Source: La Leche League International website page: http://www.llli.org/FAQ/enough.html
This may be the most asked question
for La Leche League Leaders. It is understandable, since breasts are neither
see-through nor marked off in ounces. Thank goodness there are other signs that
indicate baby is getting enough milk.
Typically during the first few days,
while the baby is receiving mother's thick, immunity-boosting colostrum, he
will wet only one or two diapers per day.
Once mother's milk comes in, usually
on the third or fourth day, the baby should begin to have 6-8 wet cloth diapers
(5-6 wet disposable diapers) per day. (An easy way to feel the weight of a wet
disposable diaper is to pour 2-4 tablespoons of water in a dry diaper.)
In addition, most young babies will
have at least two to five bowel movements every 24 hours for the first several
months, although some babies will switch to less frequent but large bowel
movements at about 6 weeks.
A baby that is sleeping rather than
feeding every 2-3 hours or is generally lethargic may need to be assessed by a
health care provider to make sure that he is adequately hydrated.
These are additional important signs
that indicate your baby is receiving enough milk:
- The baby nurses frequently averaging at least 8-12
feedings per 24-hour period.
- The baby is allowed to determine the length of the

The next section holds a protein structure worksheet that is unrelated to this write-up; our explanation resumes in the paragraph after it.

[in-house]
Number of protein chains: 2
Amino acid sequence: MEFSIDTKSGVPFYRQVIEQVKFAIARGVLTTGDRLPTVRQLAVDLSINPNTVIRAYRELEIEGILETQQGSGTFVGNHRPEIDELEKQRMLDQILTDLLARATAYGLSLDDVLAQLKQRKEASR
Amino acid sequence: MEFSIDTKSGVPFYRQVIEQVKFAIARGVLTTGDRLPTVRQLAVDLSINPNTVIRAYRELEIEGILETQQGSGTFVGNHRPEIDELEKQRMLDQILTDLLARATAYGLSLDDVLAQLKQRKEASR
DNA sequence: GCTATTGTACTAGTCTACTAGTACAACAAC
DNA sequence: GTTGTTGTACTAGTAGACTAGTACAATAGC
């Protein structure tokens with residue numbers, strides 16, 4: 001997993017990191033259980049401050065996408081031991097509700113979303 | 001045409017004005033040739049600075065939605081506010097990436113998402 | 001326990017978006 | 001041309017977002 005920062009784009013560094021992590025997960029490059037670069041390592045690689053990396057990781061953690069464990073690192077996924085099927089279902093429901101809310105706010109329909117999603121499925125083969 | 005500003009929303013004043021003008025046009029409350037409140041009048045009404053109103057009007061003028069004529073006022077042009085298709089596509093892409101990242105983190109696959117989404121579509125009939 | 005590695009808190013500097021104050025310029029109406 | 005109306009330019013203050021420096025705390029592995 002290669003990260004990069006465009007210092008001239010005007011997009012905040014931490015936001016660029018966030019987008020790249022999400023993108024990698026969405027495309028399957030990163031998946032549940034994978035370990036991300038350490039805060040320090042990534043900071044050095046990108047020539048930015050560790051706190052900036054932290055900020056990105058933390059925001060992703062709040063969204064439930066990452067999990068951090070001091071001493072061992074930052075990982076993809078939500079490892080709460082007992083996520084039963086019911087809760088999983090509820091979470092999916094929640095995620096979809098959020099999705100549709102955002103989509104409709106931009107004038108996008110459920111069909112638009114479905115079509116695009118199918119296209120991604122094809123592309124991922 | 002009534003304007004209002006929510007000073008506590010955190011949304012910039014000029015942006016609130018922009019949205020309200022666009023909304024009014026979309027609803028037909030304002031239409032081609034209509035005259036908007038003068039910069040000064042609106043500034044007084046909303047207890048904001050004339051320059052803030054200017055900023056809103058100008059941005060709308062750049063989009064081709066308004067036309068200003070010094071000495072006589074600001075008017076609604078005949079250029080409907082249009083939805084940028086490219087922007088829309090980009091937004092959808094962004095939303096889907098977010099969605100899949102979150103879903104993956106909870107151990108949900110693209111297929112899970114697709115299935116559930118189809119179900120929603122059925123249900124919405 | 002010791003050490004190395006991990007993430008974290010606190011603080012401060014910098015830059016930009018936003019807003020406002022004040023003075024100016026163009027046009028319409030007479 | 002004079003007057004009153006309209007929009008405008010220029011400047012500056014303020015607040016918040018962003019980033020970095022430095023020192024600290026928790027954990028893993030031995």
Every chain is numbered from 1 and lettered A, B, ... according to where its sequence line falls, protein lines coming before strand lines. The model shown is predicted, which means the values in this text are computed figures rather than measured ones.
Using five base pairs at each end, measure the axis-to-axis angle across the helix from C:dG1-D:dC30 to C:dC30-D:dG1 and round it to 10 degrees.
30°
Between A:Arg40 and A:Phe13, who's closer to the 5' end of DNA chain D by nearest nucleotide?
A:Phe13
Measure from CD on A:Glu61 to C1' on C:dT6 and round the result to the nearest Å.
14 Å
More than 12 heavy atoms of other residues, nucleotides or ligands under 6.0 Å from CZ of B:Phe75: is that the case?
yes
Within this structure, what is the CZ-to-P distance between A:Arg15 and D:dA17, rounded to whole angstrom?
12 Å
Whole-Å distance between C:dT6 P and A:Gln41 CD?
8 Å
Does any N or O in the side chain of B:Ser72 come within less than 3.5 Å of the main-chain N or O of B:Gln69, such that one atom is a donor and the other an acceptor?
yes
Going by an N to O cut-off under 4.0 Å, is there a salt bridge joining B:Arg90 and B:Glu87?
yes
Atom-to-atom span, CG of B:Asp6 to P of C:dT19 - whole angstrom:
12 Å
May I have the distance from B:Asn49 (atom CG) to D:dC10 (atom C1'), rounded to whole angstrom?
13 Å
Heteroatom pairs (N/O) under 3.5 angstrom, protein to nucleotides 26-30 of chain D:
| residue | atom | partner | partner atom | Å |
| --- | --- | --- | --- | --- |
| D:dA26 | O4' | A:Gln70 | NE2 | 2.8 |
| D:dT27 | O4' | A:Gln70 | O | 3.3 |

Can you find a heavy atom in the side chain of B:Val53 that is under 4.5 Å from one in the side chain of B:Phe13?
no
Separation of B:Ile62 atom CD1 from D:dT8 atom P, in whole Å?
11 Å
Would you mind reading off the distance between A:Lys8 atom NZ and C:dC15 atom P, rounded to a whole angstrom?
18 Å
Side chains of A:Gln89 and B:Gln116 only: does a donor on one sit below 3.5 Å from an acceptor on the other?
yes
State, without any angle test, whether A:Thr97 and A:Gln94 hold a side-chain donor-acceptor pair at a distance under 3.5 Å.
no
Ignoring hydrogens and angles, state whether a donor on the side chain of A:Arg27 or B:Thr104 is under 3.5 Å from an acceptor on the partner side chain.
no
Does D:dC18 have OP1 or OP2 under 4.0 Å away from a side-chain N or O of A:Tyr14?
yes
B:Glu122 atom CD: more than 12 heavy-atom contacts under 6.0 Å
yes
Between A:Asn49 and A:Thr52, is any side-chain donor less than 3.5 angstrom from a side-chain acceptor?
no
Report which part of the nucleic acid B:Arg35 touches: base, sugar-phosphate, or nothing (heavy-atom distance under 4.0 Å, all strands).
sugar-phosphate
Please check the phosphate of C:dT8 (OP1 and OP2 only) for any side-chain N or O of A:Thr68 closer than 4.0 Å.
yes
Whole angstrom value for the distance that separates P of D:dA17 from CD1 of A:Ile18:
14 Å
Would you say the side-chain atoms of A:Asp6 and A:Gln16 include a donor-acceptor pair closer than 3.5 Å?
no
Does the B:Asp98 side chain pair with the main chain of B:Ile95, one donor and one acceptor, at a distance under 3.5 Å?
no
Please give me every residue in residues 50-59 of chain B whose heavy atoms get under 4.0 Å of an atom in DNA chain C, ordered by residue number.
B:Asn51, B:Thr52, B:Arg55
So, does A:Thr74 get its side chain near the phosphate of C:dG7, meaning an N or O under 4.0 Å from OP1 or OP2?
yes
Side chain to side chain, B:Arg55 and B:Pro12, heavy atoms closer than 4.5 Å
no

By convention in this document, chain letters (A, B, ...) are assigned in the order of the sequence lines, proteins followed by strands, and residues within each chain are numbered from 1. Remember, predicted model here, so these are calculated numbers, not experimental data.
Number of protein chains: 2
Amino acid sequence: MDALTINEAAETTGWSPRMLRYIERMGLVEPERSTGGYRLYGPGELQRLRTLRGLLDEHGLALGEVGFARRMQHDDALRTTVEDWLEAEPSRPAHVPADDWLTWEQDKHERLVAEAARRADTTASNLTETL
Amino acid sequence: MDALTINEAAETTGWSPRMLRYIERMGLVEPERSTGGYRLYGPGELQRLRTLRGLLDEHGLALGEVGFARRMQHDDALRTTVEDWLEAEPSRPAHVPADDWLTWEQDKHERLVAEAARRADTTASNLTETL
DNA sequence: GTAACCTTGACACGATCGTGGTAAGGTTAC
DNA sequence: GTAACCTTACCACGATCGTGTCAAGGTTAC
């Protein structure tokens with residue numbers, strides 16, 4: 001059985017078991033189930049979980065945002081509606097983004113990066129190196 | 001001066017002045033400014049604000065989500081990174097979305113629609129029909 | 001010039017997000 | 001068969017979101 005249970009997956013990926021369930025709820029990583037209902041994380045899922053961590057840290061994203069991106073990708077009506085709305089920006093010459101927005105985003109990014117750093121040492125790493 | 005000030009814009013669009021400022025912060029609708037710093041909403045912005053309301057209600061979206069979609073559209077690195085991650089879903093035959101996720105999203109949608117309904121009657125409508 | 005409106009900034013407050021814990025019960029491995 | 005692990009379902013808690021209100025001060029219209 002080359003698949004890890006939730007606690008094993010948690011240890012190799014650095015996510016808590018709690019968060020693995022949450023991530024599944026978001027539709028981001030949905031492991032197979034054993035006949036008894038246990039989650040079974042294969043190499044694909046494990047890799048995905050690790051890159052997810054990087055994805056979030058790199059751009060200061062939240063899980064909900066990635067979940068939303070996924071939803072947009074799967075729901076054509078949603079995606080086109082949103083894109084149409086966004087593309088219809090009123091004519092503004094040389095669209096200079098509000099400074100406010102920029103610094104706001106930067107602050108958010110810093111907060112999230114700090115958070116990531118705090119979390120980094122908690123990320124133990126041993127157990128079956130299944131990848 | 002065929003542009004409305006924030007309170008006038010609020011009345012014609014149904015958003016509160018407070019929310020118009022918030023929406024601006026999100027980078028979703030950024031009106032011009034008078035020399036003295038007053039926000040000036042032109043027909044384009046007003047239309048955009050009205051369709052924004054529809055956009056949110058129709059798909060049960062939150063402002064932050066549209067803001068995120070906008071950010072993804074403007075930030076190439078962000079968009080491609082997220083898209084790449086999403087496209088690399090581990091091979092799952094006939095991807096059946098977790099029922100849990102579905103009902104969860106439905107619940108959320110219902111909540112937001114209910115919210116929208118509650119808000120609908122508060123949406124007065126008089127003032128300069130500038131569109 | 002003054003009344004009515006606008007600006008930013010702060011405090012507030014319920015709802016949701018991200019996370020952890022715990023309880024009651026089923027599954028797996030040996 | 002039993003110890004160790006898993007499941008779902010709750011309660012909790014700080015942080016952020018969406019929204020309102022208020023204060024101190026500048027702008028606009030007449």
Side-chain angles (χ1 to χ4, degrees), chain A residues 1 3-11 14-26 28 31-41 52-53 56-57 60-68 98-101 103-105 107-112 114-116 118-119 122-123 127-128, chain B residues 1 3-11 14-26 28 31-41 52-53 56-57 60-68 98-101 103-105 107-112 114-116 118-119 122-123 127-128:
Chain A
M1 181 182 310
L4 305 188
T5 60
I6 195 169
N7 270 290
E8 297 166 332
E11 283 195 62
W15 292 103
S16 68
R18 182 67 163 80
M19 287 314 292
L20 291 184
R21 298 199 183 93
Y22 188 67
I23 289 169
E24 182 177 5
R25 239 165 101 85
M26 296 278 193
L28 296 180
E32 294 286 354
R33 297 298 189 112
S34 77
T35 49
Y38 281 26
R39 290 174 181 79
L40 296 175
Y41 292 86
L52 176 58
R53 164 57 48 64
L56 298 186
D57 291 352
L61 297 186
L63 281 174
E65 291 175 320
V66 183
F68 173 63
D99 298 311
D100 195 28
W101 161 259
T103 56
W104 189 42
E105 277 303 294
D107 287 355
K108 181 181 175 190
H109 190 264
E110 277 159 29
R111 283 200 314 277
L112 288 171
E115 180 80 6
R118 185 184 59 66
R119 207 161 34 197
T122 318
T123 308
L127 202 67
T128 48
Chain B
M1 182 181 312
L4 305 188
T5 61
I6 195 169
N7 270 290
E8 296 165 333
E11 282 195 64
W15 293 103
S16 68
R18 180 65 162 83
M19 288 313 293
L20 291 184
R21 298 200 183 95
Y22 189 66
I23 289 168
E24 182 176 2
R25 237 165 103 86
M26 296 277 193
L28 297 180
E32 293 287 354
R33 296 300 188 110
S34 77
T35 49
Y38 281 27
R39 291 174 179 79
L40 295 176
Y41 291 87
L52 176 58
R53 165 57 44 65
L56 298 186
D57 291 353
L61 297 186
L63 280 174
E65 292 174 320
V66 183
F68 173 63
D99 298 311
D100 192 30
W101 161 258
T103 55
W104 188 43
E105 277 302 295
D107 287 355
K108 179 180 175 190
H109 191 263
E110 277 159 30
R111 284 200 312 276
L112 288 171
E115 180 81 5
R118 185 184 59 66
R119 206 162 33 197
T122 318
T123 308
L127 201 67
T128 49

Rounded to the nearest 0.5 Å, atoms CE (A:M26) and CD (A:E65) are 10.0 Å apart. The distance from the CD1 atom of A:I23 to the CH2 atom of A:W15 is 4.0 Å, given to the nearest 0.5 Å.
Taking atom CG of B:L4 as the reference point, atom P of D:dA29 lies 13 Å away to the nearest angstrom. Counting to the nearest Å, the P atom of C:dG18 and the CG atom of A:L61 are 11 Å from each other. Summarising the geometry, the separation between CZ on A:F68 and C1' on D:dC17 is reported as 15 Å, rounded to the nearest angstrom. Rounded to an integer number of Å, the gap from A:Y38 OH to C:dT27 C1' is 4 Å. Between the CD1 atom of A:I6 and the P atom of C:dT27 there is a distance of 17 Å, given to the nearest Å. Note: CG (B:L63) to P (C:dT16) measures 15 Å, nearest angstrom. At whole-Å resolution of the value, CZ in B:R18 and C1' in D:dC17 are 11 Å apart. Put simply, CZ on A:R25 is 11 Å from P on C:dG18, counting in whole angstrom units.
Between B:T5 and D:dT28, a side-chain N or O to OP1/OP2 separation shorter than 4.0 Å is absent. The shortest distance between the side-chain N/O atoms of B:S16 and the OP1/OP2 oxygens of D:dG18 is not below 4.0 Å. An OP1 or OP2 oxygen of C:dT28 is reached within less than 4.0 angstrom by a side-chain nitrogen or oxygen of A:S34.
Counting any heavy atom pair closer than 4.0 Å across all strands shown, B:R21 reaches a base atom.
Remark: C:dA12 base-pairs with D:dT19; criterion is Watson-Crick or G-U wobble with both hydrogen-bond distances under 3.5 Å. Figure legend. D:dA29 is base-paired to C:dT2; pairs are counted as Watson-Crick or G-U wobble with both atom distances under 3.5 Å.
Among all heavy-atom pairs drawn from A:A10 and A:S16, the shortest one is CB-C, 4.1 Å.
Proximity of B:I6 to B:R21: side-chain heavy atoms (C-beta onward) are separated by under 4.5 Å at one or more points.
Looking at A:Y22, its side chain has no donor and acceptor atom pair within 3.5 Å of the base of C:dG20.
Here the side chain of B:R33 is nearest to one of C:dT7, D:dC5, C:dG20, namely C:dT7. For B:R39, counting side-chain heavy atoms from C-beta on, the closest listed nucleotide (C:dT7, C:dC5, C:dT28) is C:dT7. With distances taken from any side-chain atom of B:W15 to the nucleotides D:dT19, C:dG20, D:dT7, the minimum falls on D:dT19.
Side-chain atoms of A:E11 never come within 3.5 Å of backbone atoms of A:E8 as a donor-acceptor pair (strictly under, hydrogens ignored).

feeding, which may be 10 to 20 minutes per breast or longer.
- Baby's swallowing sounds are audible as he is
- The baby should gain at least 4-7 ounces per week after
the fourth day of life.
- The baby will be alert and active, appear healthy, have
good color, firm skin, and will be growing in length and head
The physical act of breastfeeding is
more than the quantity of milk that is supplied, as you will find once you hold
your baby in your arms. Breastfeeding is warmth, nutrition, and mother's love
all rolled into one. Understanding and appreciating the signs of knowing when
your baby is getting enough to eat is the one of the most important things a
new mother can learn. If you have any concerns regarding your baby, they should
be addressed with your health care practitioner.
If you do need to increase your milk
supply after keeping track of wet diapers, bowel movements and weight gain,
there are several options you can try to increase your milk supply. See our FAQ
on "Increasing Your Milk Supply" and refer to our Web resource page on milk supply issues
or further information. Keep in touch with your health care provider if your
baby is not gaining well or is losing weight. In most cases, improved
breastfeeding techniques will quickly resolve the situation, but occasionally,
weight gain may indicate a health problem.